State-of-the-Art Highly Insulating Window Frames - Research and Market Review

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This document reports the findings of a market and research review related to state-of-the-art highly insulating window frames. The market review focuses on window frames that satisfy the Passivhaus requirements (window U-value less or equal to 0.8 W/m{sup 2}K ), while other examples are also given in order to show the variety of materials and solutions that may be used for constructing window frames with a low thermal transmittance (U-value). The market search shows that several combinations of materials are used in order to obtain window frames with a low U-value. The most common insulating material seems to be Polyurethane ... continued below

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Gustavsen, Arild; Jelle, Bjorn Petter; Arasteh, Dariush & Kohler, Christian January 1, 2007.

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Description

This document reports the findings of a market and research review related to state-of-the-art highly insulating window frames. The market review focuses on window frames that satisfy the Passivhaus requirements (window U-value less or equal to 0.8 W/m{sup 2}K ), while other examples are also given in order to show the variety of materials and solutions that may be used for constructing window frames with a low thermal transmittance (U-value). The market search shows that several combinations of materials are used in order to obtain window frames with a low U-value. The most common insulating material seems to be Polyurethane (PUR), which is used together with most of the common structural materials such as wood, aluminum, and PVC. The frame research review also shows examples of window frames developed in order to increase the energy efficiency of the frames and the glazings which the frames are to be used together with. The authors find that two main tracks are used in searching for better solutions. The first one is to minimize the heat losses through the frame itself. The result is that conductive materials are replaced by highly thermal insulating materials and air cavities. The other option is to reduce the window frame area to a minimum, which is done by focusing on the net energy gain by the entire window (frame, spacer and glazing). Literature shows that a window with a higher U-value may give a net energy gain to a building that is higher than a window with a smaller U-value. The net energy gain is calculated by subtracting the transmission losses through the window from the solar energy passing through the windows. The net energy gain depends on frame versus glazing area, solar factor, solar irradiance, calculation period and U-value. The frame research review also discusses heat transfer modeling issues related to window frames. Thermal performance increasing measures, surface modeling, and frame cavity modeling are among the topics discussed. The review shows that the current knowledge gives the basis for improving the calculation procedures in the calculation standards. At the same time it is room for improvement within some areas, e.g. to fully understand the natural convection effects inside irregular vertical frame cavities (jambs) and ventilated frame cavities.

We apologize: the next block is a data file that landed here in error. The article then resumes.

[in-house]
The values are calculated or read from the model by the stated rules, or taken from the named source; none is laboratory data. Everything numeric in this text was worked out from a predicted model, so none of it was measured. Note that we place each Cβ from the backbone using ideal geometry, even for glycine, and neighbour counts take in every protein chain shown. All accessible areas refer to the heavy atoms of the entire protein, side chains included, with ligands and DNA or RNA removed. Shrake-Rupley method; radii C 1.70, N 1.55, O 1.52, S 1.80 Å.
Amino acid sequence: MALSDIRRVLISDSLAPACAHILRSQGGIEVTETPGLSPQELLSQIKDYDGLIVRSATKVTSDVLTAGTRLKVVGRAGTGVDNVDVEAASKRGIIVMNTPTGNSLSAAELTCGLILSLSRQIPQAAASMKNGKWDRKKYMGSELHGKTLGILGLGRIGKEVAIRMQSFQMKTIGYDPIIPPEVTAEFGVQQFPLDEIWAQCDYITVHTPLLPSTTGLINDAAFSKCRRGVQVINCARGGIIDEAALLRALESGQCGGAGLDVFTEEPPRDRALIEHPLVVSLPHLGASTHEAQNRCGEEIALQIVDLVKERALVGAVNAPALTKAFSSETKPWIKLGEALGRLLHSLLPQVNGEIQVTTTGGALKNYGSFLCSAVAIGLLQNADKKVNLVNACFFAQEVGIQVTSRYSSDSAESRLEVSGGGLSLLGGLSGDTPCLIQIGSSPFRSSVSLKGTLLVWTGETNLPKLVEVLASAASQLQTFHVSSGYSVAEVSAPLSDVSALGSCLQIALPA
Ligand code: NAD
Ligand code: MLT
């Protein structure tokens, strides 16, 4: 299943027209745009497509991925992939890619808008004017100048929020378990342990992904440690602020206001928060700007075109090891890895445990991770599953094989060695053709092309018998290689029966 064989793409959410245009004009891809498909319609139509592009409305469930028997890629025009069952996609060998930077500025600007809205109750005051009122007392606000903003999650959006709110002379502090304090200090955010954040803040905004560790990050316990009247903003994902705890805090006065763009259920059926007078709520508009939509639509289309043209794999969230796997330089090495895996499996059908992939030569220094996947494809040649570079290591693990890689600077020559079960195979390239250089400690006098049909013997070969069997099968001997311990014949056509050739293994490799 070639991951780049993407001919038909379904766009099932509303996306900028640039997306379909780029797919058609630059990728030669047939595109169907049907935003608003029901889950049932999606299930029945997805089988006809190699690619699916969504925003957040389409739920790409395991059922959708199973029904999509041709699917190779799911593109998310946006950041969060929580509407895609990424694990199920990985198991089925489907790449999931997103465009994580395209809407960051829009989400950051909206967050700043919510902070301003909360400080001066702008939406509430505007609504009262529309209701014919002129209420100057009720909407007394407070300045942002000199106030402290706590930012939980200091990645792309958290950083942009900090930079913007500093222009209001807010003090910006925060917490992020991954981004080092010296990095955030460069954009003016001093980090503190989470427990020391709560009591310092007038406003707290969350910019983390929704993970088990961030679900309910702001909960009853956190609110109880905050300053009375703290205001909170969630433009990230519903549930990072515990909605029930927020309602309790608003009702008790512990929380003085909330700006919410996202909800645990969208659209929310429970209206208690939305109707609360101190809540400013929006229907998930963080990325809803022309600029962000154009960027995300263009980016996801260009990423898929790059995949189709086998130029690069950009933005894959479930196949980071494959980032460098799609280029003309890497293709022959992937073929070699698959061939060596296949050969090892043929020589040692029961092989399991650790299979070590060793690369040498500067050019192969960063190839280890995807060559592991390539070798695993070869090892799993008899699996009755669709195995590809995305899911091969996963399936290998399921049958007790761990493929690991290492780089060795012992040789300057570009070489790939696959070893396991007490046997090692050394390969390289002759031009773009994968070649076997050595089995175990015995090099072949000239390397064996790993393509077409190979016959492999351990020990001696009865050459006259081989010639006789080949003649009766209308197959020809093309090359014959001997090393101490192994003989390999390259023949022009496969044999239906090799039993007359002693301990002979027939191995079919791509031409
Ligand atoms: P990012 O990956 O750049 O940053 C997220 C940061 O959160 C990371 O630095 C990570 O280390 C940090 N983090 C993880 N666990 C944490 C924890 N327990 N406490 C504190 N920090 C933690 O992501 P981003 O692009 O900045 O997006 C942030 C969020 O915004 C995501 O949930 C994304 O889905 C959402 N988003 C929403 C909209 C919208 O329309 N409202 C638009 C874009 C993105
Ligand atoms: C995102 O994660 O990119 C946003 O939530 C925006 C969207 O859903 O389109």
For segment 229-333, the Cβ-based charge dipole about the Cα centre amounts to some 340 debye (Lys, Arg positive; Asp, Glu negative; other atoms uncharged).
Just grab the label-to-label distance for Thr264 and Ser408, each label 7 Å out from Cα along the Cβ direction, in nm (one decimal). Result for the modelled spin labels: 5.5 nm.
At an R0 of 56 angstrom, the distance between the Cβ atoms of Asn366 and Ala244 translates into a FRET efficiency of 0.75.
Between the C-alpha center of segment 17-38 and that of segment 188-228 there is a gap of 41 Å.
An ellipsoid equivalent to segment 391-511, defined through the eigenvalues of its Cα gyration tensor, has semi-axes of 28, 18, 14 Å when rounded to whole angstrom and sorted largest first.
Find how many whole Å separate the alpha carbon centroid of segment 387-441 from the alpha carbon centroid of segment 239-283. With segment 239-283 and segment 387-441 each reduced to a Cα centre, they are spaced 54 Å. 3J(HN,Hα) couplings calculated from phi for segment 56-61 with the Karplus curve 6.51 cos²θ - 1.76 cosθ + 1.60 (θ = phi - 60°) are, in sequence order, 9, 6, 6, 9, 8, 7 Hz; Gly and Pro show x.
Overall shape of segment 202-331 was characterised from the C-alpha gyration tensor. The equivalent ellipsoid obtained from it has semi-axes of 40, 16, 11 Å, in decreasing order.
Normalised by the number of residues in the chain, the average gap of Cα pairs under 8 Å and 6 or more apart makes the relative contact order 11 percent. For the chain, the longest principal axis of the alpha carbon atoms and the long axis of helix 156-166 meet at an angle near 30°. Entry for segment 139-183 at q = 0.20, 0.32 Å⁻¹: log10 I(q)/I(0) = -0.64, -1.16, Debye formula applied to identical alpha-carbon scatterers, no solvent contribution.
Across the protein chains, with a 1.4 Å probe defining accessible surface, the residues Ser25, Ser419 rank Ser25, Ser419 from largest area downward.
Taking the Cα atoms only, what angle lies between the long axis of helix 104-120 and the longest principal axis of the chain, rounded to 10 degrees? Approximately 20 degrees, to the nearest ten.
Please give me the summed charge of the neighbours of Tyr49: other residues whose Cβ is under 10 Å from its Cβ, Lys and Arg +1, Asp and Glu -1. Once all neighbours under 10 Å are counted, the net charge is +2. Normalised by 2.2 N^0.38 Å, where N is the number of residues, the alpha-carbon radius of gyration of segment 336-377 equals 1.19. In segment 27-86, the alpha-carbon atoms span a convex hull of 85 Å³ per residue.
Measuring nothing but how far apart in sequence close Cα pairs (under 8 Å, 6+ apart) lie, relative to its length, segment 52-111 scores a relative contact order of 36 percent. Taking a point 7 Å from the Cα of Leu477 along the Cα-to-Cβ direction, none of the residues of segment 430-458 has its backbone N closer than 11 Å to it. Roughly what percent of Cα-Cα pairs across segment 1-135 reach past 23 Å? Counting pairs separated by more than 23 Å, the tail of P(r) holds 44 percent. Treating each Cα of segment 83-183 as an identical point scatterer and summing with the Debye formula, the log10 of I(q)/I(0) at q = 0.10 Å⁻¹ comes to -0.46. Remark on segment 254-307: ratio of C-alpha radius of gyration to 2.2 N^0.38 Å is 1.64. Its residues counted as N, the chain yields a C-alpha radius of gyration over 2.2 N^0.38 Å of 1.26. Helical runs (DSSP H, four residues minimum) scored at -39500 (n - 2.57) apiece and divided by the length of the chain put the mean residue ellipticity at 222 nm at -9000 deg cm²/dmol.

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  • Report No.: LBNL-1133E
  • Grant Number: DE-AC02-05CH11231
  • DOI: 10.2172/941673 | External Link
  • Office of Scientific & Technical Information Report Number: 941673
  • Archival Resource Key: ark:/67531/metadc895212

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  • January 1, 2007

Added to The UNT Digital Library

  • Sept. 27, 2016, 1:39 a.m.

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  • Jan. 4, 2017, 6:03 p.m.

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Gustavsen, Arild; Jelle, Bjorn Petter; Arasteh, Dariush & Kohler, Christian. State-of-the-Art Highly Insulating Window Frames - Research and Market Review, report, January 1, 2007; Berkeley, California. (digital.library.unt.edu/ark:/67531/metadc895212/: accessed August 18, 2017), University of North Texas Libraries, Digital Library, digital.library.unt.edu; crediting UNT Libraries Government Documents Department.